The term “PHP MySQL” refers to MySQL database operations done with the PHP scripting language**.** PHP is often used to fetch data from and insert data into a server’s database. A database application commonly used with PHP is MySQL. In fact, PHP has functions built into its language that work specifically with MySQL.
Your first task in beginning to develop PHP scripts that call on MySQL functions is to set up your development environment. Begin creating that environment by getting a free account with a web host that runs both PHP and MySQL. You can find such a host at this address.
Once you have an account with a web host, it’s a good idea to get an integrated development environment (IDE) that helps you write PHP code. Integrated development environments help you write syntactically correct code, and also provide pop-up windows describing the functions you’re currently typing. You can download free PHP IDEs from NetBeans.org, Eclipse.org, Apatana.org and other sites.
Creating a database
You’ll need a database to execute your PHP code against, so creating that database is your next step. Because configurations vary among web hosts, you’ll need to find out from yours the specific passwords and procedures needed to create the initial database.
Once you’ve created the database, let’s apply a PHP script to create a table for it, and then some sample data for the table.
Paste the following code into your IDE.
Replace the capitalized text with your logon information, which your web host will provide to you.
Upload the script to your server, then execute it by entering its web address in a browser. You should see a “1” if the script succeeded in creating a table. If you see another number, verify that you entered the script correctly, and also verify your logon information.
Open the MySQL administration console on your web host, and click the link for your database. The resulting page should display a new table called “movies.” That’s the table your PHP script just created.
Create PHP code to insert data into the new table. Make a copy of the script from the previous section. Select the statement that begins with “$query=“CREATE TABLE…”, then paste the following statement over it:
$query=“INSERT into movies (Title, Director, YearReleased) VALUES (‘GroundHog Day’, ‘ramis’, 1993);";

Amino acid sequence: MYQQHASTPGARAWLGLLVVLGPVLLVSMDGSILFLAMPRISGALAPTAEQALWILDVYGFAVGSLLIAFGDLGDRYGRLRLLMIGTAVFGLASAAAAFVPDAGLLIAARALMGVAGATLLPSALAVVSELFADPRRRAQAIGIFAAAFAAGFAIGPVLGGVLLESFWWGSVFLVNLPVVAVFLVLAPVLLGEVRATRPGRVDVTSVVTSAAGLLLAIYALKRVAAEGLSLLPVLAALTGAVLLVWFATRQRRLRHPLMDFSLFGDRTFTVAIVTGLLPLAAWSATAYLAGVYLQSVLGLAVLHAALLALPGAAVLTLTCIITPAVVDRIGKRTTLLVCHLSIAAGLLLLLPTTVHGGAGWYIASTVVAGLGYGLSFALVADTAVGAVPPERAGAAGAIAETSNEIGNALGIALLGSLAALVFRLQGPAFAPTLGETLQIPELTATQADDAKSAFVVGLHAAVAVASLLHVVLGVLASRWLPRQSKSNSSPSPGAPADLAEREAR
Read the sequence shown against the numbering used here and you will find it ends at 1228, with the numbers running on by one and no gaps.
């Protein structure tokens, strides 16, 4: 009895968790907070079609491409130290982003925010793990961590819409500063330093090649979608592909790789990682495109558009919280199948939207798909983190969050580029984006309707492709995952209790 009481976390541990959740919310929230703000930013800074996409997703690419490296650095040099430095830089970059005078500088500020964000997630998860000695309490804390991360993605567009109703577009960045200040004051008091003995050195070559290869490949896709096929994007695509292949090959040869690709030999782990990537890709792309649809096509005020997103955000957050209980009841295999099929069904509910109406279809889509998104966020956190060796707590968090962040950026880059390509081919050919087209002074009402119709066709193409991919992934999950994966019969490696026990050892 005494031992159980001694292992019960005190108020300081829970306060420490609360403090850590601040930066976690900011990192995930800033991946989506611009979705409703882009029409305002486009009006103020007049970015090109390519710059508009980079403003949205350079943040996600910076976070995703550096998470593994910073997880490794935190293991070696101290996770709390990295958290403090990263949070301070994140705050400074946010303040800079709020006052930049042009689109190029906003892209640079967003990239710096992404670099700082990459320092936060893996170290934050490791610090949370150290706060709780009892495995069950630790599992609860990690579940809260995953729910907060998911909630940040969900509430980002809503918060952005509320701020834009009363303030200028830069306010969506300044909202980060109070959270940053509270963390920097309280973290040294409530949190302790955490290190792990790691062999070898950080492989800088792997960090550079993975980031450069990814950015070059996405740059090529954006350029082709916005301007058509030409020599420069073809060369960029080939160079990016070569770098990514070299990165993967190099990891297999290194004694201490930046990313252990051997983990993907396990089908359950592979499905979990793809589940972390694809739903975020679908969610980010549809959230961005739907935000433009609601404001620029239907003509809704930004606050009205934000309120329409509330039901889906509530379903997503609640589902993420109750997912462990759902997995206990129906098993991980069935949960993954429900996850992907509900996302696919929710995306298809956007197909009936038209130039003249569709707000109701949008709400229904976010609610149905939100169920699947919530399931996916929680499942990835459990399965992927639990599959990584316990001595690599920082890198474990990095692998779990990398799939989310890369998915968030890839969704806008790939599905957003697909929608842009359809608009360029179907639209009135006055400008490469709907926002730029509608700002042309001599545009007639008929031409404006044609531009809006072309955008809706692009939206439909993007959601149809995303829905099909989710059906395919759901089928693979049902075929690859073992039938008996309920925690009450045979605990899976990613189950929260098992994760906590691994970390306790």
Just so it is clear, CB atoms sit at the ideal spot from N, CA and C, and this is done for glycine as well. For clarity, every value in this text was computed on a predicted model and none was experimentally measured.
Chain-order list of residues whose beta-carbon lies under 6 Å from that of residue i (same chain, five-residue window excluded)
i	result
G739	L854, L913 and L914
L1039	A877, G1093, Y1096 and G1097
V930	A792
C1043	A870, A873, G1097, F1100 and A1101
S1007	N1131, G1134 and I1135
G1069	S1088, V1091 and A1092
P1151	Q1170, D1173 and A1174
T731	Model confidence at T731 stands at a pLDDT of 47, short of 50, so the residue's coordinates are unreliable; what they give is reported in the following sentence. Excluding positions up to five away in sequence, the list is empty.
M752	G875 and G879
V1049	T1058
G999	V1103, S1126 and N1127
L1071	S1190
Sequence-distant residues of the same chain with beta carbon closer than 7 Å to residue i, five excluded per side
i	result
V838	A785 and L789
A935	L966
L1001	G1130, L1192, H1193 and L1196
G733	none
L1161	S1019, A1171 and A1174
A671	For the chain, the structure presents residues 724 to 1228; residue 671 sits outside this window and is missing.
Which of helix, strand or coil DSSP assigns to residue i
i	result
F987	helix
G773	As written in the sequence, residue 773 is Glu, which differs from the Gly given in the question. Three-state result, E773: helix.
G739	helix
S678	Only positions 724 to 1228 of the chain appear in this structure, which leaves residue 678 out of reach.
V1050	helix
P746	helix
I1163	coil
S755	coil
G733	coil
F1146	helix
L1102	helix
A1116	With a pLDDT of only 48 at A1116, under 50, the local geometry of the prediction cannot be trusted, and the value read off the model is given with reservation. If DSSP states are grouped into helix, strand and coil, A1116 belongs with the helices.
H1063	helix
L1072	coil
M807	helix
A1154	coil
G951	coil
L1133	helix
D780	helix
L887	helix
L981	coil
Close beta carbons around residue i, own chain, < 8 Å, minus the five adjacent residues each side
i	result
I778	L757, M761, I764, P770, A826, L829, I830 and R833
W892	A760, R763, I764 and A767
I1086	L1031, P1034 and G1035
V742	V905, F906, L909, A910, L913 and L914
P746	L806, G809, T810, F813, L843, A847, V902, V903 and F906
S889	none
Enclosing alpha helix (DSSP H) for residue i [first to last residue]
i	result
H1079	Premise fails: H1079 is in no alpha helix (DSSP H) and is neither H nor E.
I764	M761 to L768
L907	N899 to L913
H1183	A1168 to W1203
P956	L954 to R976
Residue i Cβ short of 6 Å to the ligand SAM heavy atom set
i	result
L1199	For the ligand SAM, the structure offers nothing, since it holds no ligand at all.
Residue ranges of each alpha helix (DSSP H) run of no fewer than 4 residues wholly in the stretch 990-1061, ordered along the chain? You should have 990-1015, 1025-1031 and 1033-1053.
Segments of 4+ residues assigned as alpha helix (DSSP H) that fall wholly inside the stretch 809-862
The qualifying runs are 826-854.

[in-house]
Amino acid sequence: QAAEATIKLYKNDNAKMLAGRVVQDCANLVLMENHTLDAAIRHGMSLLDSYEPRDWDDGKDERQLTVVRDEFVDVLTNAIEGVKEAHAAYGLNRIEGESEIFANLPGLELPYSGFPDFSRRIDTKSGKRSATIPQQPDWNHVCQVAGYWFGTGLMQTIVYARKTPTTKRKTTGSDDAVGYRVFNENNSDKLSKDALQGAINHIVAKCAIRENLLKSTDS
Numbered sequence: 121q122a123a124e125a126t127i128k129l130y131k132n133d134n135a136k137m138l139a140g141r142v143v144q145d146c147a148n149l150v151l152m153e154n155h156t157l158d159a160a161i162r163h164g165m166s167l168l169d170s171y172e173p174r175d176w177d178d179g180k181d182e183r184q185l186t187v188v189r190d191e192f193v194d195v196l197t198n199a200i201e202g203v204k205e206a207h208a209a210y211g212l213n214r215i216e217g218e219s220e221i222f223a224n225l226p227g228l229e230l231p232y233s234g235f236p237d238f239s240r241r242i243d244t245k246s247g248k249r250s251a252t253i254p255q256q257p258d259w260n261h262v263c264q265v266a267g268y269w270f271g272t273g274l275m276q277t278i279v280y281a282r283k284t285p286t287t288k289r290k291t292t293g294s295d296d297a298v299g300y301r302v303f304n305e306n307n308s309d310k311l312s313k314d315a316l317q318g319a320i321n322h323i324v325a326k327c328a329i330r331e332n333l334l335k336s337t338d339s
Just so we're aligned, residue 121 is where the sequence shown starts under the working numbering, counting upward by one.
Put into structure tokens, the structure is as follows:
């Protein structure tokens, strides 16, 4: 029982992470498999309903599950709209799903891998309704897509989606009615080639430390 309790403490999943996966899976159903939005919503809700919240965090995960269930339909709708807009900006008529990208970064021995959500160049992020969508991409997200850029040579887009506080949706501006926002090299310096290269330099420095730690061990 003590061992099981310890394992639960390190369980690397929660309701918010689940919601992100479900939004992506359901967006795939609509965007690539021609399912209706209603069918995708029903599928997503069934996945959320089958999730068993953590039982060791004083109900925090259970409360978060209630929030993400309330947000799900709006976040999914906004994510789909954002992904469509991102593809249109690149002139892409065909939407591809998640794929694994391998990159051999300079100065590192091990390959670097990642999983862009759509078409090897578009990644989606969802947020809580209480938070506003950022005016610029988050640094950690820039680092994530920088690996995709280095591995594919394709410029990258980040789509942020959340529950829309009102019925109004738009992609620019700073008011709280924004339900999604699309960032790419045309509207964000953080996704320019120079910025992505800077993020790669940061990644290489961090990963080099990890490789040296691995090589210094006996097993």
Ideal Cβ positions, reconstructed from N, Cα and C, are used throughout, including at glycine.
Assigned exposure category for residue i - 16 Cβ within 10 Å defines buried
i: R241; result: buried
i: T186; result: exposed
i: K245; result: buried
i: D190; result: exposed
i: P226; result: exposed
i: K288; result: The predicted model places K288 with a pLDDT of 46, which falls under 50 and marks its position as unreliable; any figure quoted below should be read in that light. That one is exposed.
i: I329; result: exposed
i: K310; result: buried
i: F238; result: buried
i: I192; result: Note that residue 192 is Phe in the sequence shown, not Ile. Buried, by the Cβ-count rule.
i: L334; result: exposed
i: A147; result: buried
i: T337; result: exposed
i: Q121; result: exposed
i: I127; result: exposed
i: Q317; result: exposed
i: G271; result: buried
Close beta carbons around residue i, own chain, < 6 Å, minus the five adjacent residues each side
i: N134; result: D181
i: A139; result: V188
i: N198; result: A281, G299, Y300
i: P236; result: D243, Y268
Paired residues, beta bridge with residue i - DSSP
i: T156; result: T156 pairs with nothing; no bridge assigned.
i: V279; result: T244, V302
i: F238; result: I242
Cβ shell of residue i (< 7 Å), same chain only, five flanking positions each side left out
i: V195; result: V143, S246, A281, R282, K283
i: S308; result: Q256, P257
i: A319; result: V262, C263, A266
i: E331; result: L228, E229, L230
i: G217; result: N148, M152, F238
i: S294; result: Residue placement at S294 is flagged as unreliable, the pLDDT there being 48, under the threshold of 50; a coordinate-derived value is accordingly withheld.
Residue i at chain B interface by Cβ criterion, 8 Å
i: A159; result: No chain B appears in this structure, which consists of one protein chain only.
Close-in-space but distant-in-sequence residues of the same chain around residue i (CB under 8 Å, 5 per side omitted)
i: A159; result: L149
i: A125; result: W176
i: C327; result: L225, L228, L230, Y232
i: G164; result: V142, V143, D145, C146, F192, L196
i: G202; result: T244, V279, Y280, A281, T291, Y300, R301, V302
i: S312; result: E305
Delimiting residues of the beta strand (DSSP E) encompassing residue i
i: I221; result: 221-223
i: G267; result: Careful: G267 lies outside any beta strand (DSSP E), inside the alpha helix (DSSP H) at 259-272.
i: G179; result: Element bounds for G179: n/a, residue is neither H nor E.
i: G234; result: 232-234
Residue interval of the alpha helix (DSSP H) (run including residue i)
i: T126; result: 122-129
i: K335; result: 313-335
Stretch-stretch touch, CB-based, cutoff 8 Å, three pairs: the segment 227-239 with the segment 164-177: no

Rerun the script using the instructions from the previous example, and access your web host’s MySQL administration window to verify that the data was inserted in the movies table.
Repeat the steps in this section (“Inserting Data”) to insert several rows of data into the movies table. However, change the data for each insertion; use a different movie each time. (Consult the Internet Movie Database for sample data.)
Try a DELETE statement
Try a delete on one of the table’s rows. Use the INSERT script to create a row with info for a bogus (or otherwise forgettable) movie. Then swap out the “INSERT INTO…” statement from the previous example, with this one:
$query=“DELETE from movies where (Title =‘Even Cowgirls Get the Blues’)";
Replace the title in the statement just given, with the title of your chosen movie.
After you’ve inserted several rows of movie information into the table, create PHP code to retrieve that information. As before, make a fresh copy of the preceding section’s PHP script, so you can re-use that script as needed.
Paste the following code into your IDE, then run it as before. Each row of your movie table should display in your browser.
Putting it all together
Combine all the PHP MySQL operations you’ve learned so far into one program. The following program is a single web page form that lets the user enter any SQL string, then submit it for execution by PHP against the movie database.
Paste the following code into a new PHP script, save the script as “queryStuff.php,” then upload it to your server and try it out.